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Slick new image for good old Nancy Drew. Old-fashioned girl sleuth gets a trendy makeover

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``Instead of Nancy knowing all the time what has to be done, she experiences doubts, mulls things over,'' Greenberg says. ``We've taken a little bit of perfection away to give her more dimensions and make her more human.''

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But so far, the emphasis on character relationships seems more important than intricately designed plots and escapes. The first two books have nothing nearly as satisfying as Nancy's escape in the ``The Silver Cobweb,'' (No. 71), where she gets herself out of a locked warehouse. She focuses the magnifying glass (that she just happened to be carrying in her purse) on a sunbeam which ignites a crumpled piece of paper. That sets off the fire alarm, which brings the firemen and rescue. Books later in the series promise more hair-raising escapes, says Greenberg; The Nancy Drew Files number 8 will have an ingenious escape from a sauna.

There's more emphasis on violence in the new series: The first four books have murder, killing, or deadly in the title, something rarely if ever seen in the old titles. ``There's definitely more menace in the new series,'' Greenberg says. ``Since the old ones came out, so many things have been done on TV and in movies, I don't think we'd be convincing if these books were as tame as they used to be.''

The girl who can pull a plane out of a spin, (``The Sky Phantom'') follow a trail into a slimy, spider-infested celler, (``The Secret in the Old Attic'') and climb the face of a rock (``Broken Anchor'') -- tame?

Well, sometimes, yes. The scary stuff was often too easily explainable, the language stilted. No one ever said the series was great literature; libraries looked down on the books, considering their plots formulaic and mediocre. The New York Public Library didn't even carry them until the mid-70s.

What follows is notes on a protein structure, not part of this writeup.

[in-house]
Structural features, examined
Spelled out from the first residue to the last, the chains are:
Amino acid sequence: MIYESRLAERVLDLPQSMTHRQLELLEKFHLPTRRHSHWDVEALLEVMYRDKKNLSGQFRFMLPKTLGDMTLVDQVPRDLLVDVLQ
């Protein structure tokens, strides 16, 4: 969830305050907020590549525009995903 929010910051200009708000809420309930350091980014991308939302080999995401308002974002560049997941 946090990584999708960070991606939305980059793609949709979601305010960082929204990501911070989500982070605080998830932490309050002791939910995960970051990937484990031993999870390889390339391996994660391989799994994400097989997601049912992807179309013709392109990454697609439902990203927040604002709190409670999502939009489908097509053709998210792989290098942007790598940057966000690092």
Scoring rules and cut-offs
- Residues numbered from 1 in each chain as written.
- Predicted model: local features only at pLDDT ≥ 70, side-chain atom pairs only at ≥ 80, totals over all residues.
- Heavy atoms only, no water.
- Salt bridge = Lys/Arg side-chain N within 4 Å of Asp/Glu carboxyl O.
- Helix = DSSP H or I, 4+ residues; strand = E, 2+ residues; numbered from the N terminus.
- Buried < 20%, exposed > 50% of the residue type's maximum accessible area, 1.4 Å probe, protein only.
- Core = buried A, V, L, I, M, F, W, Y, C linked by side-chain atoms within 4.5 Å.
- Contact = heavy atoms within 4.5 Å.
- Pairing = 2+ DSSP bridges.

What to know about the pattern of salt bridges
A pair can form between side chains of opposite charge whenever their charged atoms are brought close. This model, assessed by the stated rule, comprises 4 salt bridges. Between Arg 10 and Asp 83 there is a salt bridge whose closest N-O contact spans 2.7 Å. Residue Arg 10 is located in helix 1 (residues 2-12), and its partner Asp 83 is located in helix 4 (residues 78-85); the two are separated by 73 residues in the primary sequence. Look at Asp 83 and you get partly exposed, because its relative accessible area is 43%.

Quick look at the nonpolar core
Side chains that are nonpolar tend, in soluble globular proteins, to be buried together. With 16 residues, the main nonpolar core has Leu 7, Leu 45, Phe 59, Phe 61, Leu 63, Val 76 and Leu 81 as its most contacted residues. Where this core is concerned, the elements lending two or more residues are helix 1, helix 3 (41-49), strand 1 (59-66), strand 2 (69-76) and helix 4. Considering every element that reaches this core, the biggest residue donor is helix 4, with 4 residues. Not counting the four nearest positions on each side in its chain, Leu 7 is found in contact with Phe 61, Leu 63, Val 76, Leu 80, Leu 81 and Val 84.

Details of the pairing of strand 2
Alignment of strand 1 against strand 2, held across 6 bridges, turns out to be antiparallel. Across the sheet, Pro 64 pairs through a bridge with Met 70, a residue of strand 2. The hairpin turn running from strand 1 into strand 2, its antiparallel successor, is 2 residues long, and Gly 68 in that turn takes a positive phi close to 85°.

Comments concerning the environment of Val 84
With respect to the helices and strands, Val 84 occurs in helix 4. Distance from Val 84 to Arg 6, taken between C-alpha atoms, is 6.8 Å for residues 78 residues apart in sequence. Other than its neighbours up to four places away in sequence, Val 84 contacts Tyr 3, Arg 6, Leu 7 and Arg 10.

The mysteries were churned out by the Stratemeyer Syndicate, a kind of fiction factory run by prolific writer Edward Stratemeyer, who created 70 different series, including ``The Hardy Boys,'' the ``Bobbsey Twins,'' and ``Tom Swift.''

Under various pseudonyms, (Carolyn Keene, for the Nancy Drew books), he would create the plot outline and farm out the fleshing out to a stable of writers. Upon his death, his daughter Harriet Stratemeyer Adams continued the Nancy Drew series until her death in 1982.

The Nancy Drew series was written to a precise formula: Grab 'em on the first page (``Bang!'') keep the middle a mixture of suspense, adventure, and humor, and make the chapter endings cliff-hangers (``Hannah Gruen was lying motionless on the floor!'').

Mr. Stratemeyer's quoted motto was, ``I've found out what my audience likes, and I'm going to give it to them.'' The result -- more than 60 million books sold in 56 years -- was a series that attempted to reflect its times and audience.

The current changes are nothing new; the series has been updated all along. Dialogue, hairstyles, and fashions have been updated periodically, and anti-Semitic and racist stereotypes have been removed. In the late '50s, Adams and gang began to rewrite the earlier books, bringing them up to date, so much so that sometimes only the title was the same as the original.

The new series employs all new writers. Simon & Schuster, which had the paperback rights to the series since 1979, bought the entire Stratemeyer Syndicate operation in 1984.

``The Nancy Drew marketing campaign is just beginning,'' says Buehl. ``It's a big market. Young adult books account for millions and millions of copies in paper backs.''